Antioxidants & nerve health Archives | Eurobio

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We often hear that good posture is important for our health, and start to correct others if we notice someone with a bad posture resulting from long term habits. But many do not know how bad postures will impact our long-term health.

Common effects of bad posture:

  • Headache, back, neck, and shoulder pain
  • Sleep disturbances
  • Poor digestion
  • Poor circulation
  • Misaligned spine

Posture is the position in which we hold our bodies while standing, sitting, or lying down. Having a good posture is more than just looking good.  Good posture helps us to carry out daily movements including standing in a queue, walking to work, sitting on your office chair and even lying down on your bed while placing the least strain on our muscles and nerves. By doing this:

  • Muscles can work more efficiently, preventing muscle strain, muscle fatigue and even muscular pain
  • Reduce stress on spinal joints and nerves, and minimizing the likelihood of injury
  • Reduce the wear and tear of joint surfaces, especially during movement and weight-bearing exercises

Common bad posture habits include:

  • Slouching in a chair
  • Standing with a flat back
  • Hunching your shoulders
  • Leaning on one leg
  • Looking down and gazing downwards on your phone for long hours
  • Holding and answering your phone between your ear and your neck

There are a few ways to improve your posture, such as:

  • Be mindful of your posture during everyday activities
  • Switch positions while sitting
  • Do gentle stretching exercise to help relieve muscle tension
  • Do not cross your legs while sitting
  • Stand straight, keep your shoulders back and feet apart while standing
  • Lift heavy objects with an upright posture and bending at the knees and hips

We need to make sure that we hold our body the right way, whether moving or still, to prevent unnecessary pain and injuries. With a good posture, not only we will look better, we will feel better as well.

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Nerves carry messages back and forth between the brain and other parts of the body. All of our nerves together make up the nervous system.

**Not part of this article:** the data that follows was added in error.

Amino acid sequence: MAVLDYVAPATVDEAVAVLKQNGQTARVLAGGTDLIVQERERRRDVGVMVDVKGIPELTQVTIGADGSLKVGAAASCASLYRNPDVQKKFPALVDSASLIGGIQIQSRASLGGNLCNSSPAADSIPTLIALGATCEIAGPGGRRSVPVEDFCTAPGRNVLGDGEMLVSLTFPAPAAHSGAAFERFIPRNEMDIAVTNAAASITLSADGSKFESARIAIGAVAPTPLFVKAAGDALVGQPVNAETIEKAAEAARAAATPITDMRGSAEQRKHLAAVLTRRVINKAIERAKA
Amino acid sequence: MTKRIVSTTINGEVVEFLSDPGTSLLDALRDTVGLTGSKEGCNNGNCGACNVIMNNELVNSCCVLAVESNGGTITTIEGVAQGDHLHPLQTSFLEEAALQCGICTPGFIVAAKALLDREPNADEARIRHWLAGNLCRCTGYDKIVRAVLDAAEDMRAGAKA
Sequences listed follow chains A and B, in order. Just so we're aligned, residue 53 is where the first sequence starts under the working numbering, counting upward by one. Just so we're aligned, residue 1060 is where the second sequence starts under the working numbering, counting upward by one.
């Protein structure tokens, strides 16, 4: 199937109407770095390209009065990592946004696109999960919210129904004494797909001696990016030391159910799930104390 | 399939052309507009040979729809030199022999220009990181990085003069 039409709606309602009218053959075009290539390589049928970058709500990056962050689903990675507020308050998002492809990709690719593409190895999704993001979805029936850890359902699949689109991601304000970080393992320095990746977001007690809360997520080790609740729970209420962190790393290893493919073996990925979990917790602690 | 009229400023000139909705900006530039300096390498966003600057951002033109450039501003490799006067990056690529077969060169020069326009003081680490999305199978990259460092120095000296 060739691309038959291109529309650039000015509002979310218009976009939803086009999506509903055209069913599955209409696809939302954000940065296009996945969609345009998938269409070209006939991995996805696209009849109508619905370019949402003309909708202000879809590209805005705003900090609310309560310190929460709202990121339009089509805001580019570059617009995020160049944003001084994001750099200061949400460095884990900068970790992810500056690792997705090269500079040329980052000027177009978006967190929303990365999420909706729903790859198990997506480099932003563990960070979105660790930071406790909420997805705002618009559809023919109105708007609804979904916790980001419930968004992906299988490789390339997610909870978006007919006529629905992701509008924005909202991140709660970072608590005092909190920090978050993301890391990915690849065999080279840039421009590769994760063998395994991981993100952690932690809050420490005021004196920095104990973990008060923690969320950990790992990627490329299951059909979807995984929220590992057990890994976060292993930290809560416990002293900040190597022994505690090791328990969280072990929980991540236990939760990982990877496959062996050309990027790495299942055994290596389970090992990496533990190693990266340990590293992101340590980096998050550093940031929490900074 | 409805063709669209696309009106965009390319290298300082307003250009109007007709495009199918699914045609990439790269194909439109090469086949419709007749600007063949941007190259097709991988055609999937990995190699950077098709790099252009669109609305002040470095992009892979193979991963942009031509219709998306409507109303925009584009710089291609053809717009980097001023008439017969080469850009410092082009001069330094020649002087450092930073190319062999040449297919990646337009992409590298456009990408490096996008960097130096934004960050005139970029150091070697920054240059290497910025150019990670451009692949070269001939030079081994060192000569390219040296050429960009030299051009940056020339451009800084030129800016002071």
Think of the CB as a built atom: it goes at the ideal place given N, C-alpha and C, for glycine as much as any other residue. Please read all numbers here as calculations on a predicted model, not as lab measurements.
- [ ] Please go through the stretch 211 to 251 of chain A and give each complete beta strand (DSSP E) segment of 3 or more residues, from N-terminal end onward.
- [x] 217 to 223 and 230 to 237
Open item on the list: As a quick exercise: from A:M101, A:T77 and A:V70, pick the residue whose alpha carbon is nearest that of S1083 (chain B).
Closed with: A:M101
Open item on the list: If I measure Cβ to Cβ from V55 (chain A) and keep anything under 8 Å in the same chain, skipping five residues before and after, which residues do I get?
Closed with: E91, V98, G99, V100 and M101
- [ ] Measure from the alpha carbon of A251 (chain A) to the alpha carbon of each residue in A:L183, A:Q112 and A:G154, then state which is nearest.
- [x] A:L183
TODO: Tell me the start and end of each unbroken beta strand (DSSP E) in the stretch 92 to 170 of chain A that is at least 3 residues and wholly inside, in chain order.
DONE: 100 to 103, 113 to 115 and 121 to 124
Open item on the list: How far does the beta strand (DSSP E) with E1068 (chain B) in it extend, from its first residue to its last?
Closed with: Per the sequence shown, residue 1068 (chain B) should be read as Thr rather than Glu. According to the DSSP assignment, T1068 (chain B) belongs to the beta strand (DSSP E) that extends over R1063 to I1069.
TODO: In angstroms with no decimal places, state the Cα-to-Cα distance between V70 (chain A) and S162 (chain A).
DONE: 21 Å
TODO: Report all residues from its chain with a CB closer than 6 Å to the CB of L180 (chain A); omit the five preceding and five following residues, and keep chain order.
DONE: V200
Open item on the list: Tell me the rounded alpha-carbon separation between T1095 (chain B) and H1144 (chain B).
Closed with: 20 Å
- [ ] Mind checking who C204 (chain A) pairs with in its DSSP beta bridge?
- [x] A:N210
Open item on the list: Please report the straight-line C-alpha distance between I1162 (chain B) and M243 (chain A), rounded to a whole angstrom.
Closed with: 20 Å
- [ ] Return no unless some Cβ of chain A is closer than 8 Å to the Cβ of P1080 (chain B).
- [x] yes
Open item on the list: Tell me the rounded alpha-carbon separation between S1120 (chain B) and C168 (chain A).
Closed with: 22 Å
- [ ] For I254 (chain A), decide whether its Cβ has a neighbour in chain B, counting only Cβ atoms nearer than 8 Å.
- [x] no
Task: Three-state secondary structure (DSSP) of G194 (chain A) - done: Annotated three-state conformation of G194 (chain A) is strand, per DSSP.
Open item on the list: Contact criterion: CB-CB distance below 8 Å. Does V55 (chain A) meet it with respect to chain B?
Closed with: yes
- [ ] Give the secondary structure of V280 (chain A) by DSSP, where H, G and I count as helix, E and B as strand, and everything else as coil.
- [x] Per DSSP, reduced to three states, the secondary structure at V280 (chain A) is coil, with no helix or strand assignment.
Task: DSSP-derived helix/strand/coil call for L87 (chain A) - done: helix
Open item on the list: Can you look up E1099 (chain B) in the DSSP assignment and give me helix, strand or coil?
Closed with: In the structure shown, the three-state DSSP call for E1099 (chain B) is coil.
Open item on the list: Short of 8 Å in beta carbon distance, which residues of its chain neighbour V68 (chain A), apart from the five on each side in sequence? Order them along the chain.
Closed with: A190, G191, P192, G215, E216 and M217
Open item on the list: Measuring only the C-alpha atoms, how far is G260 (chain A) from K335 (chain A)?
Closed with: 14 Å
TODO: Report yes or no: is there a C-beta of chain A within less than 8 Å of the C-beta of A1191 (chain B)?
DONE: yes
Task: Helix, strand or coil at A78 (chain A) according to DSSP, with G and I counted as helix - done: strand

Peripheral neuropathy is a type of nerve damage that affects the nerves outside of the brain and spinal cord (peripheral nerves), often causes weakness, numbness and pain in the hands and feet. It can occur at any age, but is more common among older adults and diabetics.

Symptoms of peripheral neuropathy may vary, depending on the types of nerves affected, but the common ones may include:

  • Gradual onset of numbness and tingling in the feet or hands, which may spread upwards into the legs and arms
  • Burning pain
  • Sharp, jabbing or electric-like pain
  • Extreme sensitivity to touch, even light touch
  • Pain during activities that shouldn’t cause pain
  • Lack of coordination
  • Muscle weakness or paralysis if nerves controlling your movements are affected

Peripheral neuropathy can be caused by a number of health conditions, which includes:

  • Diabetes. Having an uncontrolled blood sugar level will damage your nerves and also your blood vessels that supply nutrients and oxygen. Without enough oxygen and nutrients, your nerves cannot function well.
  • Autoimmune disease. Certain autoimmune disease such as rheumatoid arthritis where the immune system attacks its own cells and leads to nerve tissue damages.
  • Physical injury. Injuries such as accidents, falls or sport injuries can damage peripheral nerves.
  • Nutritional or Vitamin imbalance, particularly B Vitamins.
  • Kidney, liver or thyroid disorders.
  • Alcoholism.

The best way to prevent peripheral neuropathy is to manage medical conditions that put you at risk. Adapt healthy lifestyle habits to support your nerve health:

  • Eat a diet rich in fruits, vegetables, whole grains and lean protein to keep nerves healthy
  • Maintain a healthy blood sugar level
  • Exercise regularly
  • Avoid cramped positions that will put pressure on your nerves
  • Avoid exposure to toxic chemicals, smoking and reduce alcohol consumption

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